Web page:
American Board of Urology
Charlottesville, VA 22911
A urologist, also known as a genitourinary surgeon, focuses on diagnosing and treating disorders of the urinary tracts of males and females, and on the reproductive system of males. This specialist manages non-surgical problems such as urinary tract infections and benign prostatic hyperplasia, as well as surgical problems such as the surgical management of cancers, the correction of congenital abnormalities, and correcting stress incontinence.
Training required prior to initial board certification
Five (5) years
Board eligible period (+practice requirement)
Six (6) years
To become certified in a particular subspecialty, a physician must be Board Certified by the American Board of Urology and complete additional training as specified by the Member Board.
Female Pelvic Medicine and Reconstructive Surgery
This subspecialist provides consultation and comprehensive management in cases involving complex benign pelvic conditions, lower urinary tract disorders, and pelvic floor dysfunction. Comprehensive management includes those diagnostic and therapeutic procedures necessary for the total care of the patient with these conditions and complications resulting from them.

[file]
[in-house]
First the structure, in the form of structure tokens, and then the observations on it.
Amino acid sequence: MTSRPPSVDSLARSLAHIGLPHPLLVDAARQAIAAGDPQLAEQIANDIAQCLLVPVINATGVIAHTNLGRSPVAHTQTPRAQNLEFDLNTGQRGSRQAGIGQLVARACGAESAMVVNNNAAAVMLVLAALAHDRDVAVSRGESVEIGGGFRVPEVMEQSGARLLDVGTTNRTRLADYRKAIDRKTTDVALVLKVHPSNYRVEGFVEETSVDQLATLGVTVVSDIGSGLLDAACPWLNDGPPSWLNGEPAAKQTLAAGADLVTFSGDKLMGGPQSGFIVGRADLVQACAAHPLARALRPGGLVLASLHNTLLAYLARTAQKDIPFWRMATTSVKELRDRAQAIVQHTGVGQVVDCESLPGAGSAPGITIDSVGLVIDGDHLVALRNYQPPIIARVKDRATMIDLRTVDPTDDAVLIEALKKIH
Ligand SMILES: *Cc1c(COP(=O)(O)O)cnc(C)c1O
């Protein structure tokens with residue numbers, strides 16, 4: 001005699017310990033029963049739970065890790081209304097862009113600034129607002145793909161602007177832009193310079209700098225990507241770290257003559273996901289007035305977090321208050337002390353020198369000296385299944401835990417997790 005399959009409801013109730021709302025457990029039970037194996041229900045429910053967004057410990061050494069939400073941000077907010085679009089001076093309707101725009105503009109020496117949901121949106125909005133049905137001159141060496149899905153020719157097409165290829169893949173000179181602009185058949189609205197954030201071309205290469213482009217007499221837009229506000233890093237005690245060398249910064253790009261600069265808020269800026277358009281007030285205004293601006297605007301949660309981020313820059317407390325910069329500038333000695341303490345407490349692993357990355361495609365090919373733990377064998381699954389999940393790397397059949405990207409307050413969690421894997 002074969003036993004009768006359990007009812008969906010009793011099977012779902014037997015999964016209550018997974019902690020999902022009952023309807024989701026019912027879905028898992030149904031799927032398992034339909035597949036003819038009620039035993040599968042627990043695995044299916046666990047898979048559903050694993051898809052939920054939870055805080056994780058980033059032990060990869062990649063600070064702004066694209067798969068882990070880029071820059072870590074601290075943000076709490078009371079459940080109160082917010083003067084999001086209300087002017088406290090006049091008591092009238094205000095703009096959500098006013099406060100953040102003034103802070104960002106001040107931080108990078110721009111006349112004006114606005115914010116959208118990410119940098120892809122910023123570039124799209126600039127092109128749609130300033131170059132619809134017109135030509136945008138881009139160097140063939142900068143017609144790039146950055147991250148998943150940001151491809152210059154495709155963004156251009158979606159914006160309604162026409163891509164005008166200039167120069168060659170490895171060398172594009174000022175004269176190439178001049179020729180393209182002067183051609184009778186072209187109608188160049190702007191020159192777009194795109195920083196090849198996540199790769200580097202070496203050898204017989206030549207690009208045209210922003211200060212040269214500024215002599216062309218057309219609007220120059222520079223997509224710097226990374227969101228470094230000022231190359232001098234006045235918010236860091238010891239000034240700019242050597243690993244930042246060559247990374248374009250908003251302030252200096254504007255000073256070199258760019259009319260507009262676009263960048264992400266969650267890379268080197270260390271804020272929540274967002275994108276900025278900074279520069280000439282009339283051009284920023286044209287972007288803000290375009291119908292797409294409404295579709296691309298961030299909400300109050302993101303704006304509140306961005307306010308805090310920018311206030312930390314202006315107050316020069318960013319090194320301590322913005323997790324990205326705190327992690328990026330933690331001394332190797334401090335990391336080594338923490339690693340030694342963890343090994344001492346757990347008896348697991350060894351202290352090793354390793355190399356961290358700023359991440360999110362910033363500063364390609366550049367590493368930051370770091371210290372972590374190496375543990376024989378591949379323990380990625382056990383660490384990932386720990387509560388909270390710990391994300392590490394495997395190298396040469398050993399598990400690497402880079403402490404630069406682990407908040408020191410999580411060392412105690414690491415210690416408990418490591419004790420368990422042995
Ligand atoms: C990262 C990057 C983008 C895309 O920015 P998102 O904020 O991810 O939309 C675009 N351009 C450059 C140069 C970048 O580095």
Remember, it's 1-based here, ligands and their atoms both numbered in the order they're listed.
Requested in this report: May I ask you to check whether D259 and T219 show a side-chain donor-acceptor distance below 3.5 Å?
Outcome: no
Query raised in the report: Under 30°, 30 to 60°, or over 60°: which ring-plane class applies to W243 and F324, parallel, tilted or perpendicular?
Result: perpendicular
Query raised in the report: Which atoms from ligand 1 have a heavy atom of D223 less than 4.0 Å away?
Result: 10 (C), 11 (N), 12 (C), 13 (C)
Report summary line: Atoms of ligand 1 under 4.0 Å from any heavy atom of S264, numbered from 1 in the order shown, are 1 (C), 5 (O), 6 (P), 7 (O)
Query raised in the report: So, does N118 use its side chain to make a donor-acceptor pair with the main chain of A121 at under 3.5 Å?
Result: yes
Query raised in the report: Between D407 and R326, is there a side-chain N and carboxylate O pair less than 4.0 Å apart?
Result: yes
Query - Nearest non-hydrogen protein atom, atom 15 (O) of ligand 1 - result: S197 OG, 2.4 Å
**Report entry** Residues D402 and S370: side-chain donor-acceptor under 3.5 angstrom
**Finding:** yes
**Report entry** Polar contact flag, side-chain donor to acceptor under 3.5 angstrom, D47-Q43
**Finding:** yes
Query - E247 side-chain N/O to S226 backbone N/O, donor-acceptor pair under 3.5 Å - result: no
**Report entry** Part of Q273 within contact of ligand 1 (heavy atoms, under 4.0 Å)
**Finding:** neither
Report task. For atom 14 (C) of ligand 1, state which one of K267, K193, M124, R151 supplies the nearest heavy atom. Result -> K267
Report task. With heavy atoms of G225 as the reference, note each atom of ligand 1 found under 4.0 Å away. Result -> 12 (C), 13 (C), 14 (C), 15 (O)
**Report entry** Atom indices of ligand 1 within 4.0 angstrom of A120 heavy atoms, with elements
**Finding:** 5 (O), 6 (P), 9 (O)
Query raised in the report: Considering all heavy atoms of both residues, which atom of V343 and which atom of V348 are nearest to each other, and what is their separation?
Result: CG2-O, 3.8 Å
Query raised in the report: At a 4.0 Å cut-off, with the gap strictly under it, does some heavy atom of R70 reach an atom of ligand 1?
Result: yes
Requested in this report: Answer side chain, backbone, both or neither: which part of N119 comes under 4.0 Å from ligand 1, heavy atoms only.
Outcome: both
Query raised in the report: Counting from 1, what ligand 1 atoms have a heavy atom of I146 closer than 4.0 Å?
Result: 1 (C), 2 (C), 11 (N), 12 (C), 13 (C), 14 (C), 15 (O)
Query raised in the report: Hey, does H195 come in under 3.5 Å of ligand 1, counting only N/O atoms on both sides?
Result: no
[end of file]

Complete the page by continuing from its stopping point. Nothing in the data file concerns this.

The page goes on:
A pediatric urologist is trained to diagnose, manage, treat, and prevent urologic disorders in children. Such disorders include undescended testes, congenital abnormalities of the genitourinary tract, underdeveloped genitalia and difficulties with urination.
Lifelong learning requirements
- Complete 90 CME credits relevant to Urology
- 30 of the 90 CME credits are required to be AMA PRA Category 1 Credits™
- Evidence of Self-Assessment is demonstrated by the online completion of a Practice Assessment Protocol (PAP) two times throughout the 10-year MOC cycle.